These agricultural-oriented groups are taking it upon themselves to ensure robust support for our returning veterans. An honest look at casualty figures indicates that support will be sorely needed for many years to come.

In contrast to the official estimate of about 30,000 wounded soldiers, a January 2008 Rand Corp. study puts the figure much higher. Of the 1.6 million troops deployed in these wars, the study estimates that 300,000 are suffering from major depression or post-traumatic stress disorder, and 320,000 are suffering from traumatic brain injury.

The website offers a full accounting of casualties and is an excellent source of news and analysis. Other must-visit sites are Iraq Veterans Against the War and Military Spouses for Change.

To these multiple efforts, I have one small gesture to add. This Memorial Day I'll begin putting a candle out in my front window each night to light a path home for our troops' speedy return. I invite you to do the same.

This My Free Country column appeared in Capital Press on May 23, 2008 and in the Wallowa County Chieftain on May 21, 2008. See the following post for more discussion on the idea of putting a light in your window at night to help bring the troops home.

Tuesday, May 20, 2008

Light a path for our troops' speedy return

Please join me in an effort to show support for our troops while calling them home. For Memorial Day, my upcoming My Free Country column will focus on multiple agricultural efforts to promote global peace and healing for veterans. At the end of the column I announce that I will begin putting a candle / light out in a front window at night to symbolically light a path home for our troops' speedy return. This is meant as a gesture of utmost respect, while I clearly state my position, were I given the chance to vote on these matters: I want to bring the troops home now, and I want to make sure they come home to a welcoming, grateful, supportive and understanding country. I am asking anyone who thinks this is a good idea to join me and help publicize this effort.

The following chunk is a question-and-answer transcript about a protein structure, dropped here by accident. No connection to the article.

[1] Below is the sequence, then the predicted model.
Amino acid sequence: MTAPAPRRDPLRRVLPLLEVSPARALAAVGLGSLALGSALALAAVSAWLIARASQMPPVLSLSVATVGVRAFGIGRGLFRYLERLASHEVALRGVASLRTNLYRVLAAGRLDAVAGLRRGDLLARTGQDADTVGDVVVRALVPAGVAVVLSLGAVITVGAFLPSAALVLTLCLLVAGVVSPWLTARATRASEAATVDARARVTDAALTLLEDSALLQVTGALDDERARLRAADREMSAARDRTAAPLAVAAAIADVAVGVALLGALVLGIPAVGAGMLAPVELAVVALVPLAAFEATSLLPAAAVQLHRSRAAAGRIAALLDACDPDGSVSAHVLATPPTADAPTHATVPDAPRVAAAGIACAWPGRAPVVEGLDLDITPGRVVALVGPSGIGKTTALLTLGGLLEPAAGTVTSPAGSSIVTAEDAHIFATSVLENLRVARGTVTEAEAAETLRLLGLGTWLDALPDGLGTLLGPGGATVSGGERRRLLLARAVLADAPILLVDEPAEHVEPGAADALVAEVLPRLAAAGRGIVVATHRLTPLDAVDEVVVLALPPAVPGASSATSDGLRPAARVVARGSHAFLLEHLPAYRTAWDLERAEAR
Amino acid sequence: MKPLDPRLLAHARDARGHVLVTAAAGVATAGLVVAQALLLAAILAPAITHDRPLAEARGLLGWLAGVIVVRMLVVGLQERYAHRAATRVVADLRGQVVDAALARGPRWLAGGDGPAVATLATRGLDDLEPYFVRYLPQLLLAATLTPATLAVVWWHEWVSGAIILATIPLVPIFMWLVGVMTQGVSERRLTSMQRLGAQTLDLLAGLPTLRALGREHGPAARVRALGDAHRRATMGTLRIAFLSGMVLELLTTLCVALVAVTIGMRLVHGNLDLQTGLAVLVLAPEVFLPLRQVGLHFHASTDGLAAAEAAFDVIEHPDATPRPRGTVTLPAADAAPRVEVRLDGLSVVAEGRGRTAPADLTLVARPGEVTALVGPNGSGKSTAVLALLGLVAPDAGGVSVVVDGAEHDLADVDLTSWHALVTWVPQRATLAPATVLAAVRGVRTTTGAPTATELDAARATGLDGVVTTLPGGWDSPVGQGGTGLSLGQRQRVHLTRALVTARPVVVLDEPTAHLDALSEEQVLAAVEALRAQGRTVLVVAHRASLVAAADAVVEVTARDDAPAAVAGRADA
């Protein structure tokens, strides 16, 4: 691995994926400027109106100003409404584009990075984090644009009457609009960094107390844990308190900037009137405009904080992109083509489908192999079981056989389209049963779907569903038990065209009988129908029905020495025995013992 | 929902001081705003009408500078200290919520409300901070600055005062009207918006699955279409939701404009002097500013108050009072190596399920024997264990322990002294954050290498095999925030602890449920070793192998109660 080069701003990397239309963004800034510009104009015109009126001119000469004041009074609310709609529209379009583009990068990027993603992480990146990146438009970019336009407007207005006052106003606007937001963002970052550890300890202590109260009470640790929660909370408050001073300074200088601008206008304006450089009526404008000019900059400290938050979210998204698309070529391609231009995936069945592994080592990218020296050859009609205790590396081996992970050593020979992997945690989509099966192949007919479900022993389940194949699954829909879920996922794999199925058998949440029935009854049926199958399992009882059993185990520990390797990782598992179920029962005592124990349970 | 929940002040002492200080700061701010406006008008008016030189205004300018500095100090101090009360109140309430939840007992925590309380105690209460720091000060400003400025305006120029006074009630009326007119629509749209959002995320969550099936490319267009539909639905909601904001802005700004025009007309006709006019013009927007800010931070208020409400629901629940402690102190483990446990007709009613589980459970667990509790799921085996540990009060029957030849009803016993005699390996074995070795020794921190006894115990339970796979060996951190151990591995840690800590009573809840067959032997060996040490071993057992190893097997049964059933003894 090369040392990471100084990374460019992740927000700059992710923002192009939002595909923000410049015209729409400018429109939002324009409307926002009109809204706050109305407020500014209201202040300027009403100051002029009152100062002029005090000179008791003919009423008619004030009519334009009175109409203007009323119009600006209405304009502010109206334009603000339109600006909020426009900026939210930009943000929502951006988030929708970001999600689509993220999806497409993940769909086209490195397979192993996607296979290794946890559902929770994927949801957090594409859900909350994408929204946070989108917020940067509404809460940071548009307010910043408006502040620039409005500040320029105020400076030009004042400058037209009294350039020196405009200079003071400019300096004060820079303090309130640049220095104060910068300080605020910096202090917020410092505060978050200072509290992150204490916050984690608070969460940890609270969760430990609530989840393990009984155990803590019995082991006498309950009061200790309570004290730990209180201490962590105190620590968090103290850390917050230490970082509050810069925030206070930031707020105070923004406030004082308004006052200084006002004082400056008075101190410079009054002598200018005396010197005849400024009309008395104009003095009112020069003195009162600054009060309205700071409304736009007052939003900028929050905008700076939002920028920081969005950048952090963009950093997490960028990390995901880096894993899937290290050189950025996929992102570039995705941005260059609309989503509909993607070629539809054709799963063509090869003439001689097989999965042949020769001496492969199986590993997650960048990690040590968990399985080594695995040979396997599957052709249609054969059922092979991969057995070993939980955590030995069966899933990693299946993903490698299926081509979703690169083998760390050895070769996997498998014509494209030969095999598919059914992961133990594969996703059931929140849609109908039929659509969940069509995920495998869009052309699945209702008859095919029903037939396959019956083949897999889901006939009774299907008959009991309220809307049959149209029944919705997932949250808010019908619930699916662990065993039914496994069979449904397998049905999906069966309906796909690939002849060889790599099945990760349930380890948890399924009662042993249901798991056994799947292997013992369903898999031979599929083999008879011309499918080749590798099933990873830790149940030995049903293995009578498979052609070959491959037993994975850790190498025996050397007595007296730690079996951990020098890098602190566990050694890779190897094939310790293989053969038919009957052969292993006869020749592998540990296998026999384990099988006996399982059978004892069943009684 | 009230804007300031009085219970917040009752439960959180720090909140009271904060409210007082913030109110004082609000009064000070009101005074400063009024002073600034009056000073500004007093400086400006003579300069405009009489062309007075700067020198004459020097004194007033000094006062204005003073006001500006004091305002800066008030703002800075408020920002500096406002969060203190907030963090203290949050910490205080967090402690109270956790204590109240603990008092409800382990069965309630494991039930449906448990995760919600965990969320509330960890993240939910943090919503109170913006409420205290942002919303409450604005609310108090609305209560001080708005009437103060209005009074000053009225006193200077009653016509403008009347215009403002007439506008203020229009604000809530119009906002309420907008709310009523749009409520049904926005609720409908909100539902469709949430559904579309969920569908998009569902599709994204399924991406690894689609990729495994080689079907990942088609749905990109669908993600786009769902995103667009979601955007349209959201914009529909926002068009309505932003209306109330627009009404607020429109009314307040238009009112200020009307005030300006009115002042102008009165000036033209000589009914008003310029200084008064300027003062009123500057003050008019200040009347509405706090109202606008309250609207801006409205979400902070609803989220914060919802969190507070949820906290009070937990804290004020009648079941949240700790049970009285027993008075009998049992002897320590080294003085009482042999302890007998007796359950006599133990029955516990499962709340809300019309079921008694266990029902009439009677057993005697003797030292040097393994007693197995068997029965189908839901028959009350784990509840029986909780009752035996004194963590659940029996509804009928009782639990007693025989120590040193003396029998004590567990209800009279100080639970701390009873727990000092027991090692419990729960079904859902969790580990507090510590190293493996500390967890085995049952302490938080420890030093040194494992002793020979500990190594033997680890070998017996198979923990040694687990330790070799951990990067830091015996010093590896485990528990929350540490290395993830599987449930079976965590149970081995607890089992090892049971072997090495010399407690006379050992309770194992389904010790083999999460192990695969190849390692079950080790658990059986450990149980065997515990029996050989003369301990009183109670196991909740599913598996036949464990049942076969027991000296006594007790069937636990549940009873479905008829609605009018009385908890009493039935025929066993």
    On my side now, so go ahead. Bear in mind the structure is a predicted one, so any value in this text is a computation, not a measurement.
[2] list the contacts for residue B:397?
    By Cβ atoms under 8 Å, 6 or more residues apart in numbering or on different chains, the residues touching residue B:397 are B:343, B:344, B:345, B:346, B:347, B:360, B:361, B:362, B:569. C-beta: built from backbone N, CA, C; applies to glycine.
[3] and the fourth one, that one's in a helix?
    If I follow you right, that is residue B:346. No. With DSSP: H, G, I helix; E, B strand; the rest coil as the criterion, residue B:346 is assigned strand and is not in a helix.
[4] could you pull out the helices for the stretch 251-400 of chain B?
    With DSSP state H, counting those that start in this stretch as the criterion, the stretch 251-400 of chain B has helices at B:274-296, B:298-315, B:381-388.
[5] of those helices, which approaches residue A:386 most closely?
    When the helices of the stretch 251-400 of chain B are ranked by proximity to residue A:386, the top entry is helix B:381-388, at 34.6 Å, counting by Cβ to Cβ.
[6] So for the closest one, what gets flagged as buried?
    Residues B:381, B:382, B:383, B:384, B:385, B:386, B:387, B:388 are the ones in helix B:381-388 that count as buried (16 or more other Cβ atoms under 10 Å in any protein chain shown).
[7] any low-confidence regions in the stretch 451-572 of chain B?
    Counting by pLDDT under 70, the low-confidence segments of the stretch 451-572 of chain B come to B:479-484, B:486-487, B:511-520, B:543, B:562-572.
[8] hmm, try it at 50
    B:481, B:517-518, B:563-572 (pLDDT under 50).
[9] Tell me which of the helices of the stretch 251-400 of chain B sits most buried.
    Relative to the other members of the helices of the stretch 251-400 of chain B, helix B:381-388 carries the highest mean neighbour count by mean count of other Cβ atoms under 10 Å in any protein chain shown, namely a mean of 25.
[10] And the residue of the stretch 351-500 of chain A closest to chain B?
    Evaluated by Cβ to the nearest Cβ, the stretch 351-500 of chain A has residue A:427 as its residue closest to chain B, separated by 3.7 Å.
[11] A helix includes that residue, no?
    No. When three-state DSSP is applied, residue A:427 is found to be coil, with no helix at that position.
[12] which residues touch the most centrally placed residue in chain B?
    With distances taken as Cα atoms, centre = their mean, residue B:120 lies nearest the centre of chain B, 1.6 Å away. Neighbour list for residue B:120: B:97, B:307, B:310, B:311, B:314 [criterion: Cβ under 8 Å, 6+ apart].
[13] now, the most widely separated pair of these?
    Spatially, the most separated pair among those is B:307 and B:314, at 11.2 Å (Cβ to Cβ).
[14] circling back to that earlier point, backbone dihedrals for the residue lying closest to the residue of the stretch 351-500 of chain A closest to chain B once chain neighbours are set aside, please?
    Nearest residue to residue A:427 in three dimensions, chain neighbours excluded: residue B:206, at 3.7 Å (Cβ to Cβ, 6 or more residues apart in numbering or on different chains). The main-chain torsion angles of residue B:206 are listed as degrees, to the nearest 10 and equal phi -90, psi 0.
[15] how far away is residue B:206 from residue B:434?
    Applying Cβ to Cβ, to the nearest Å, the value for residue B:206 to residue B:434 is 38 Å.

My intent is to let people express their desire to end the wars in Iraq and Afghanistan, and to express that desire in a way that is not at all offensive or difficult (does not require them stepping far outside their comfort zone to attend a protest, for example). I want this expression to be something people do and think about on a daily basis, (as opposed to simply displaying a bumper sticker), so that there is at least some minimal day to day involvement and "sacrifice" amongst the civilian population associated with being part of a country at war, in the hopes that the citizens of America won't allow these wars to continue for years to come.